My friend says I should kill myself

After a horrific childhood, I find solace in art. But life is hard. Is it worth it?

Published March 18, 2013 12:00AM (EDT)

                                                                                                                                                                                                                                                                                                                                                                                                                       (Zach Trenholm/Salon)
(Zach Trenholm/Salon)

Dear Cary,

Over the past few months, I have written this letter a dozen times. At moments, I would give anything for someone to wave a wand and let me know what I should do, but at the same time, I cannot bring myself to believe there is an easy solution to my issue.

Apparently, I am unlovable on certain levels. When I write this, I do not just mean as a person, but also the efforts of my hands.

My parents were both pedophiles, and I grew up feeling less real than that life-sized doll my mother bought me at age seven so I could have a "friend." When puberty finally rendered me into a monster to them, I was relieved -- but the abuse never stopped. It just changed character. Suddenly I became irredeemable and disgusting. My older brother spent most of my childhood tormenting me, which typically made my parents laugh or chastise me for not fighting back. Even though it pained me beyond words, his uncontrolled anger made me cut off contact with him when I did the same with my parents. My ex-husband spent 12 years of our 14-year marriage encouraging me to be on fertility meds while he knew he had taken measures to never have children (measures about which I knew nothing) because "God told him that He wanted me to be alone." I only found out what he had done when I hit menopause early. God's hatred was how he rationalized his actions when asking me for the divorce. For six months between that request and the marriage ending, he told me nearly every day that he had never loved me or wanted me or even liked me. He had married me out of pity. Given my family, no one else would ever be able to want me. It has been four years since then, and I have only now begun to date again. Finally, I thought I had found someone with whom I could at the very least enjoy physical contact and to whom I could give some delight, and yet he broke up with me so he could go back to the woman who had pureed his heart.

I am blessed to have some good friends -- although one just got demoted because she suggested I commit suicide rather than continue to try to find success as a writer and artist. Her rationale is that my ex has remarried a woman with children (making her more worthy than me), and the agreement that he and I made during the divorce should be made null and void. She swore my ex had convinced her of this and said I would do it if I were "honorable." This is because he actually has useful people that could use the help promised to me. After all, I am only an artist. I am only a writer. I barely make enough from my craft to keep working at it and feed myself.

Other of my friends seem to pity me, although they are usually tactful enough to not say it out loud. One in particular has demanded that I never speak of my past or of how I might feel or if I am lonely, because they love me "despite those things" but "should not have to hear about it." Most know how hard I worked to make my PTSD non-symptomatic; they can see how much time I put into trying to make my work financially sustaining; they utter praise about my determination. All of them have opinions on what I should do to magically become a success -- write differently, try more marketable types of painting, go to this gallery or submit to that magazine or this agent. I always take what they say seriously, but sometimes what is requested of me is not something I can creatively do or manage psychologically. I have lingering social anxiety, so telling me to cold-call 100 galleries and talk about how awesome I am is not something I can actually do. At least not without laughing or crying.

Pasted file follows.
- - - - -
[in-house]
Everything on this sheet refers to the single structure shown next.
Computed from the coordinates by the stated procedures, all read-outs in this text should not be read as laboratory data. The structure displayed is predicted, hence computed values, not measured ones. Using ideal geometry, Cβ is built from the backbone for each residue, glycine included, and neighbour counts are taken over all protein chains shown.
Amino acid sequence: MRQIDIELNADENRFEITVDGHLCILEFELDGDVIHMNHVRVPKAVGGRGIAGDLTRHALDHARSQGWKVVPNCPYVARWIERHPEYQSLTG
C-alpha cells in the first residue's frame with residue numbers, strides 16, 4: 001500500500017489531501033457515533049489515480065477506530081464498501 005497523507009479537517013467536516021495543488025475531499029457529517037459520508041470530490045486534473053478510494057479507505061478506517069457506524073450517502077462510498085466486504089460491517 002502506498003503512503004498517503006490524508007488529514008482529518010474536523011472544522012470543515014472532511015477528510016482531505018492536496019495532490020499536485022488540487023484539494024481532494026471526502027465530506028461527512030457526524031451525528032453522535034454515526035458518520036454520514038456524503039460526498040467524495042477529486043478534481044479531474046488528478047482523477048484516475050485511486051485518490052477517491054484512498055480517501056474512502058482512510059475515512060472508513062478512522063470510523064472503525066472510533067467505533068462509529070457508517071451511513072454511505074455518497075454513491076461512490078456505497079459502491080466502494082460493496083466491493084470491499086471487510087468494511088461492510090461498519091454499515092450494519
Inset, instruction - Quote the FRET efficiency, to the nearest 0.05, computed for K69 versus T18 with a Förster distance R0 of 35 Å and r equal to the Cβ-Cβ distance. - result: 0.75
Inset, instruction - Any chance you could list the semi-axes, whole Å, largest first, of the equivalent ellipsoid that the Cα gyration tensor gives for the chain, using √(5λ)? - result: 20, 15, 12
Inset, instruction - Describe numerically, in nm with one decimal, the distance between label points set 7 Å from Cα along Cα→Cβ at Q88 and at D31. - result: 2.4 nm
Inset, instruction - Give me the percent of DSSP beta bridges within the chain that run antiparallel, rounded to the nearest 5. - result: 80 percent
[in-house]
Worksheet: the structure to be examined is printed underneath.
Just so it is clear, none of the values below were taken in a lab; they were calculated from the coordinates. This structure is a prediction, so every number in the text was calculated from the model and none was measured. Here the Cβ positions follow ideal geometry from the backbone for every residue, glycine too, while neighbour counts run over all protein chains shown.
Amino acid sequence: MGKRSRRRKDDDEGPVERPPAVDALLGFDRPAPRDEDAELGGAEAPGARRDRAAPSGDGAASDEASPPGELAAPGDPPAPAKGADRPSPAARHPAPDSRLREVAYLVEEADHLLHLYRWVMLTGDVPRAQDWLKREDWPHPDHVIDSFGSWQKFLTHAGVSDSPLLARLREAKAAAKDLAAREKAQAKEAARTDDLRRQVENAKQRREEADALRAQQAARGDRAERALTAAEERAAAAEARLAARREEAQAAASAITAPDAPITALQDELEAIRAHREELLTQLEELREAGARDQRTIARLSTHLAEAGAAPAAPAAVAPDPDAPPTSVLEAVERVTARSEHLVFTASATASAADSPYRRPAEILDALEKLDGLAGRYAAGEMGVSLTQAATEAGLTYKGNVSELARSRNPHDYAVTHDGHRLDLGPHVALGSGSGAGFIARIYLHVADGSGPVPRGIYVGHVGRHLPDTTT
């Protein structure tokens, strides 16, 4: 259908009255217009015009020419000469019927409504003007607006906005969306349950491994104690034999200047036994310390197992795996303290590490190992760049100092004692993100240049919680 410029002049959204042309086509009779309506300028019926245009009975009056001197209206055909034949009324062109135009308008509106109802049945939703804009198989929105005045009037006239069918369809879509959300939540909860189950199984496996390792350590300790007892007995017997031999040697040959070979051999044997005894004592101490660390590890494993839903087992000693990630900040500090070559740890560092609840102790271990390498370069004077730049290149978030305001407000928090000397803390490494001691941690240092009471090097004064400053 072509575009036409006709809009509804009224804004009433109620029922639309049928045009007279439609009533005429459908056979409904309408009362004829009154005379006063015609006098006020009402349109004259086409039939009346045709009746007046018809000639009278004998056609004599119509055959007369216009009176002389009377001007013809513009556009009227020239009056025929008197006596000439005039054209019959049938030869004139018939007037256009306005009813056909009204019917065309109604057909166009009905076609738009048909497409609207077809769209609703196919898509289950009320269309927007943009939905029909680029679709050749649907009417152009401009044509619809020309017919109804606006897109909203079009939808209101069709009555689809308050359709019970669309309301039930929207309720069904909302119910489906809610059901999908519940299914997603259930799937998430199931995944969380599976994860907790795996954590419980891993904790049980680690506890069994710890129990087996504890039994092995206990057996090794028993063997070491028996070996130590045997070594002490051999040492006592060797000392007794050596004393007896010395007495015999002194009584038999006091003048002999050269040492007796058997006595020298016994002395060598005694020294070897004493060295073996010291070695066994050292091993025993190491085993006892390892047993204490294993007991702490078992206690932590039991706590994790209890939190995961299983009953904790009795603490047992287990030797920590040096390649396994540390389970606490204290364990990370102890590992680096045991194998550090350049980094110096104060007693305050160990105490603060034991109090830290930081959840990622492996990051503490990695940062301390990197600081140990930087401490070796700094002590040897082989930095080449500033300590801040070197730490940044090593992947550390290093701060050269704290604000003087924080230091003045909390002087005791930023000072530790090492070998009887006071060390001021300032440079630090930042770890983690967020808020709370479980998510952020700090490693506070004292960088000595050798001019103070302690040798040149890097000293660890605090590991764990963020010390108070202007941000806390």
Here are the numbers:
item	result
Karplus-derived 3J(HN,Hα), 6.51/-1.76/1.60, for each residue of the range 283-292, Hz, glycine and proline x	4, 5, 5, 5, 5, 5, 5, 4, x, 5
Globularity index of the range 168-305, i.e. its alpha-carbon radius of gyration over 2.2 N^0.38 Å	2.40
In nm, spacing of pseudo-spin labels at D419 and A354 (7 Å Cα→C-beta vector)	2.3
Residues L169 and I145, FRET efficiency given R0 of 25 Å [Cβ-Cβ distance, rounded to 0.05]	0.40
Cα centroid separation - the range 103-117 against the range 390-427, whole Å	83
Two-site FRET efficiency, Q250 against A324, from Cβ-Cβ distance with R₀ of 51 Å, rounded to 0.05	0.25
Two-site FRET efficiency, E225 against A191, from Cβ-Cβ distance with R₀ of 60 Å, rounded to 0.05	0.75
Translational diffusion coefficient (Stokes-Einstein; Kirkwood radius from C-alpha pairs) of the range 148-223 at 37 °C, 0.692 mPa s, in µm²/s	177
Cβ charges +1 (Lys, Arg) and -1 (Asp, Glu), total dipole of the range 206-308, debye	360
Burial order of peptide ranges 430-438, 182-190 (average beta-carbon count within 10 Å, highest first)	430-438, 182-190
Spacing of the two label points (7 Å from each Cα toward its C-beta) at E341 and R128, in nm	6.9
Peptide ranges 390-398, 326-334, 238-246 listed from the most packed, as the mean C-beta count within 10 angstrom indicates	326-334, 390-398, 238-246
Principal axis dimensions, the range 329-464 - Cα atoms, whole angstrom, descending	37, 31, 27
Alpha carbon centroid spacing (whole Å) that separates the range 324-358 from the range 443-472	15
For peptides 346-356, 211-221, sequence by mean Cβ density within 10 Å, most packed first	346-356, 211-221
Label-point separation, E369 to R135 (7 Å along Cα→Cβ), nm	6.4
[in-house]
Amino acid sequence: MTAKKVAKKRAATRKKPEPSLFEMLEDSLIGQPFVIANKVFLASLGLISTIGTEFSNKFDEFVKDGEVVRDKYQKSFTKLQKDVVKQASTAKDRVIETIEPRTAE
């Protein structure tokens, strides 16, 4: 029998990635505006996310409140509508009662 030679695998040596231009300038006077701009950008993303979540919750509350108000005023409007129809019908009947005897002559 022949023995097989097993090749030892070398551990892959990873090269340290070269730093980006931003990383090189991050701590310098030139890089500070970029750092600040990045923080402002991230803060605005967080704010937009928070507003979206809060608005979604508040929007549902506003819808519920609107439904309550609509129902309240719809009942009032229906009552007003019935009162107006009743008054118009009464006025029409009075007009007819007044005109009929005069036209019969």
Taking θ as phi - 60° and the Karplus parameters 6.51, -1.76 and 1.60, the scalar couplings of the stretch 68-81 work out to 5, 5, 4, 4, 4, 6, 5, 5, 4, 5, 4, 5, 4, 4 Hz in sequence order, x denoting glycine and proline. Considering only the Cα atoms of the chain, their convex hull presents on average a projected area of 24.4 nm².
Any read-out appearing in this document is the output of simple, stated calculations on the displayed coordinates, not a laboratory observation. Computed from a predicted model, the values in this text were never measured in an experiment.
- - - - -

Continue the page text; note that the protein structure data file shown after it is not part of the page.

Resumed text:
Once more, I have created a very long letter to you and I don't even quite know how to approach what I'm asking. Whatever it is in me that made my parents act the way they did toward me; that made my brother see me as a punching bag; that encouraged my husband to keep me from having children because there was nothing in me worth continuing on for another generation; that made what had been a good friend decide my suicide is preferable to my living the life of an artist; that encourages people to tell me that I ought not to share my past, thoughts or emotions; and that made this last attempt at connection decide his heart-stomping ex was better than taking a chance with me may be too deeply ingrained in my being to be fixed. No matter how much navel-gazing I do, I cannot point to a specific thing in me that causes this reaction in people. Granted, I am not a supermodel. In truth, I am flawed and damaged and strange -- but so are most of the people I know, and they do not suffer this persistent isolation and rejection.

Art and words pour out of me every single day, to my great delight and comfort, but I feel powerless to throw them out into the world at a faster pace or in a more determined manner than I already do. While I cannot take everyone's well-meaning advice, I still surely need help.

Maybe this is what I need to know: How do I keep going when I am the only one that finds value in what I do and who I am? I cannot force people to like my artwork, or my words or my self -- and yet, without such things, how can I gird my loins enough to keep going?

Art and writing seem to be all I'm good for -- and I am blessed beyond words to have this outlet -- but how on Earth do I get out of this vacuum and into the world?

Thank you for reading this,

Art or Death?

Dear Art or Death,